Two public learning events helped launch the San Diego Math Network (SDMN), a network catalyzed by UC San Diego’s CREATE in partnership with the San Diego Unified School District, Vista Unified School District, Sweetwater Union High School District, Chula Vista Elementary School District, and UC San Diego’s partnership schools.
The network (funded by the Gates Foundation) seeks to link the region’s educators in mutual learning, to support the region’s mathematics teachers to fully prepare each student and all groups in mathematics toward college and career.
The SDMN is focusing first on improving the transition from elementary to middle school in each district, in collaboration with core groups of elementary and middle school teachers who share students’ lives but have never met.
Public “learning events,” held without charge and led by San Diego educators, also invite the region’s math teachers to come together to explore issues of critical regional import in mathematics.
Connecting Secondary Mathematics Experiences to College Placement & Content Demands
Hosted April 14 at Gompers Preparatory Academy, this inaugural learning event invited Kim Samaniego, director of the Math Diagnostic Testing Program, to discuss the crucial pathway from high school to college level math. Mathematics is a subject that holds many San Diego young people in community college or keeps them from finishing degrees of choice at the UCs. (See the CREATE op-ed commentary on the need for supporting mathematics instruction across our region.)
Samaniego, a former department chair at Lincoln High School, addressed a late afternoon group of mathematics educators from High Tech High, Lincoln, and other schools in San Diego Unified and the Sweetwater Union High School District. “What expectations will my students need to meet to be ready for college?” she asked. “Not just getting there, but actually knowing enough math to persist. It’s vast to articulate that process. There are three different university systems — UC, CSU, and community college — and they all do something different.”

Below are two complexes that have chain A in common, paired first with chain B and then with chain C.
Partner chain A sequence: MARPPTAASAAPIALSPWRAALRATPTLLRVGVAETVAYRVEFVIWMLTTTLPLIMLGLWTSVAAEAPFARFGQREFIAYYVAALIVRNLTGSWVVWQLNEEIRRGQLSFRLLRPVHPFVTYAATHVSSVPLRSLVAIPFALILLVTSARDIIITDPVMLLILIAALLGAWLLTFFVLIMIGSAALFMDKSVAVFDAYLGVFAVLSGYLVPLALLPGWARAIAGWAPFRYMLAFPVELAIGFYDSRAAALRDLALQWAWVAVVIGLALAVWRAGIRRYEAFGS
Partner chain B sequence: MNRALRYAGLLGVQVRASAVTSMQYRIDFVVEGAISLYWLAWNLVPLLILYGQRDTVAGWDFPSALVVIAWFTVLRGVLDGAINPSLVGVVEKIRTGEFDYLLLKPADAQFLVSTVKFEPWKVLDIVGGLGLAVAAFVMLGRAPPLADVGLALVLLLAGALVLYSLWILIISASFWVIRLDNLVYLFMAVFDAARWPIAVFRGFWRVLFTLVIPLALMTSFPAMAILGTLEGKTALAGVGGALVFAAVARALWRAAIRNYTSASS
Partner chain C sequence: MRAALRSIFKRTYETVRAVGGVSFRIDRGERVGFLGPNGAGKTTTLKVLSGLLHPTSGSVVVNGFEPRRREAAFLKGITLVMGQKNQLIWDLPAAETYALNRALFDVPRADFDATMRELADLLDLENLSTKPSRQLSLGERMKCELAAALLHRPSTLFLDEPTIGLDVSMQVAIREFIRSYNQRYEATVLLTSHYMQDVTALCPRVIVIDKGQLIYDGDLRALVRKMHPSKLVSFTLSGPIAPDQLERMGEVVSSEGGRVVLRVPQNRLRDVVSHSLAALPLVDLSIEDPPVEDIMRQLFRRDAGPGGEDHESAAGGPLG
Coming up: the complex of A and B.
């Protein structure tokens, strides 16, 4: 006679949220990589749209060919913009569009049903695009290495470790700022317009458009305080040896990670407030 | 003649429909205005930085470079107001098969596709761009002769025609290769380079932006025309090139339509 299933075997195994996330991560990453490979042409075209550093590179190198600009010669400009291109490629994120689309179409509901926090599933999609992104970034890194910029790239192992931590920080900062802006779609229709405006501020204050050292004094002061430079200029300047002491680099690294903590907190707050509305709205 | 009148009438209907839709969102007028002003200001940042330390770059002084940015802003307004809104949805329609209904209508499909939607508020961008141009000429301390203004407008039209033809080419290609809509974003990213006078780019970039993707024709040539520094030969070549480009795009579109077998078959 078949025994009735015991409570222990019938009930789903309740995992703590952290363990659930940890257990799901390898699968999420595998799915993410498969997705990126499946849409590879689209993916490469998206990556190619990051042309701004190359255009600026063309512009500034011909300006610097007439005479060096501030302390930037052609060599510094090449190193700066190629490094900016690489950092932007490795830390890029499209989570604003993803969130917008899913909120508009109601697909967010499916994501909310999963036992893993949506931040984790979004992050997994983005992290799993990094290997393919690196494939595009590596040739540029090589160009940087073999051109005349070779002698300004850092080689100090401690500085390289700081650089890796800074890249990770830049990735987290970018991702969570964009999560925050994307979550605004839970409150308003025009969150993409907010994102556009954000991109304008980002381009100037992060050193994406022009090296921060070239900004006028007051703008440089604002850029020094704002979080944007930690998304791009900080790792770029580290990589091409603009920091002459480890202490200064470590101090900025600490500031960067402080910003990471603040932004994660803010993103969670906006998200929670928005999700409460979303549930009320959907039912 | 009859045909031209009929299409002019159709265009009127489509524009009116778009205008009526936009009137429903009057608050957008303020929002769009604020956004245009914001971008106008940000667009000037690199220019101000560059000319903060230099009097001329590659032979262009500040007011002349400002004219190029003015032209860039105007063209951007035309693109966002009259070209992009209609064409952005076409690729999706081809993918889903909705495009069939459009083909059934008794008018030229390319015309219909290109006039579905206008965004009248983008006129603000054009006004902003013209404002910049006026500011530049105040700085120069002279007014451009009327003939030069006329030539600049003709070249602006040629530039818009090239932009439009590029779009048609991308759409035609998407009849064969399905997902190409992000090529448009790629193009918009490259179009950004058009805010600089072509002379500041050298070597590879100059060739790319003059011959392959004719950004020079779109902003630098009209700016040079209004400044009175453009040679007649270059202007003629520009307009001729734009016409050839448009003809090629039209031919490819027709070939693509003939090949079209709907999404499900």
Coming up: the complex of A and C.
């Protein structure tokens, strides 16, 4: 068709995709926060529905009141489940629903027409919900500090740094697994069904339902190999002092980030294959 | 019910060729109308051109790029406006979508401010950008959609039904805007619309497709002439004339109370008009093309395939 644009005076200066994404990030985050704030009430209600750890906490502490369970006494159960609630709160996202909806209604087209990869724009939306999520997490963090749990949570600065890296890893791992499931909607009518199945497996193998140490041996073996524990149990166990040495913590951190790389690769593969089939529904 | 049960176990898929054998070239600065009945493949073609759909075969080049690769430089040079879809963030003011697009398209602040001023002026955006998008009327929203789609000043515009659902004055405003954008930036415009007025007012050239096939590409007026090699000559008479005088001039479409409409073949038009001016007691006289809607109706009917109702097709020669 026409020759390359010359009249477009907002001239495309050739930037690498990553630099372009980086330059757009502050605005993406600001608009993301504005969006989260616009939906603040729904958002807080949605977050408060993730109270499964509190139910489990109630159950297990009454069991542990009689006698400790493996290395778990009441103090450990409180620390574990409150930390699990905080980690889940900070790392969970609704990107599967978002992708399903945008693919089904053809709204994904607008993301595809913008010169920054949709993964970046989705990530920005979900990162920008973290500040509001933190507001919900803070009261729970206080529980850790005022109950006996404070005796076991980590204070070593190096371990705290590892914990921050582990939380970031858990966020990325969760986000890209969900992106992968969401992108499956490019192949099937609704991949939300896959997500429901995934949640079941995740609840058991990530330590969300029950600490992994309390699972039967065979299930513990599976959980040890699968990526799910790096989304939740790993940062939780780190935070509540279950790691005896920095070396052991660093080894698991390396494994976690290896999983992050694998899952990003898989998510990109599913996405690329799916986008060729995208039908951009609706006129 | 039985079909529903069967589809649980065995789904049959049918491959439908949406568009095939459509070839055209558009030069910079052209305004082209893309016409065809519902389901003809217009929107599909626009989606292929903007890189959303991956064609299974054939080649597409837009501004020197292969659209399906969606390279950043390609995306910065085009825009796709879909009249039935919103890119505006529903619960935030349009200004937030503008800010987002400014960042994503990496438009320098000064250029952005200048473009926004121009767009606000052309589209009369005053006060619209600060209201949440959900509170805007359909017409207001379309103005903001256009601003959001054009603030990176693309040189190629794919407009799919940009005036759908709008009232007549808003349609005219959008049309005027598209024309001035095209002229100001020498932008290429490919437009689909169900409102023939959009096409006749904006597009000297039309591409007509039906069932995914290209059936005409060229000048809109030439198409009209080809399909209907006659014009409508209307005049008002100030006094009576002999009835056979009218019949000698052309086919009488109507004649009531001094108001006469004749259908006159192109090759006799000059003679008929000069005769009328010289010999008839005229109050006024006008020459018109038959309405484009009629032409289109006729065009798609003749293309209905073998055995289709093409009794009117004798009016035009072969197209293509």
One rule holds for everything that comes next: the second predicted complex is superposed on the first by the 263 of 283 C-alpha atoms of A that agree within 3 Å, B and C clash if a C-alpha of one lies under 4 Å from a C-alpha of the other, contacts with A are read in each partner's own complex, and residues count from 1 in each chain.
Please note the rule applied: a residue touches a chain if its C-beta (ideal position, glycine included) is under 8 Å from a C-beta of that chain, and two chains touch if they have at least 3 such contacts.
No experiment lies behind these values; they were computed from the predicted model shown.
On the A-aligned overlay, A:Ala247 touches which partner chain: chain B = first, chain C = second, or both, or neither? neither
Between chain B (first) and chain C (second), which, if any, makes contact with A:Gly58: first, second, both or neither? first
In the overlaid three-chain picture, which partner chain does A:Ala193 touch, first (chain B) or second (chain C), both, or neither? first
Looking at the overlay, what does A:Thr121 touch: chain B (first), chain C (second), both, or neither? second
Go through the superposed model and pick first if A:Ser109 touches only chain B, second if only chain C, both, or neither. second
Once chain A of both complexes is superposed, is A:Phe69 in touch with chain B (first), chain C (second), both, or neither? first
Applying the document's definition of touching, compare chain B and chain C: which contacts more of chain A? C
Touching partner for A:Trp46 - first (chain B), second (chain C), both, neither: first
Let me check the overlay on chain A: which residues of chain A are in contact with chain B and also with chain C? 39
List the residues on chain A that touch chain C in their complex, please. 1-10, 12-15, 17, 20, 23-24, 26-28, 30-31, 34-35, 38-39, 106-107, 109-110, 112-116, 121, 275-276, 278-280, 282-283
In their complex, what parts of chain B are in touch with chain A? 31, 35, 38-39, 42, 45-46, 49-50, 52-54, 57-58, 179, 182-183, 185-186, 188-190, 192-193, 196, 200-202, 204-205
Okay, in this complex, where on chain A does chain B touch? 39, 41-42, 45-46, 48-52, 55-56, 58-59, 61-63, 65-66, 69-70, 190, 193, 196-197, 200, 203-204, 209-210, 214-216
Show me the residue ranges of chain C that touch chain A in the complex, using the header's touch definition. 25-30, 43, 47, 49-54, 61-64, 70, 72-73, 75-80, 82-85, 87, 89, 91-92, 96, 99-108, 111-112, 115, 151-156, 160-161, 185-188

Samaniego first led the group of high school educators through community college and UC/CSU placement practices. In each system, students who test into remedial math have to pass a long series of courses to gain degrees or even become eligible to transfer to a four-year university via community college.
Samaniego then presented sample items like those on UC San Diego’s own practice test and asked the assembled group to try them. UC students too have trouble if they test into precalculus or “remedial” level math; many do, and find themselves at risk of not gaining degrees. So, “students must know Algebra II and trig,” said Samaniego. “It’s actually the Algebra I and II content that kids are still struggling with when getting to UC.”
The MDTP test, a program Samaniego now oversees, is a diagnostic test available to K-12 and early college students. The test is carefully designed to help instructors diagnose what, specifically, students are confused about when they choose answers to a series of math problems. “It helps us understand where they are getting stuck,” Samaniego said.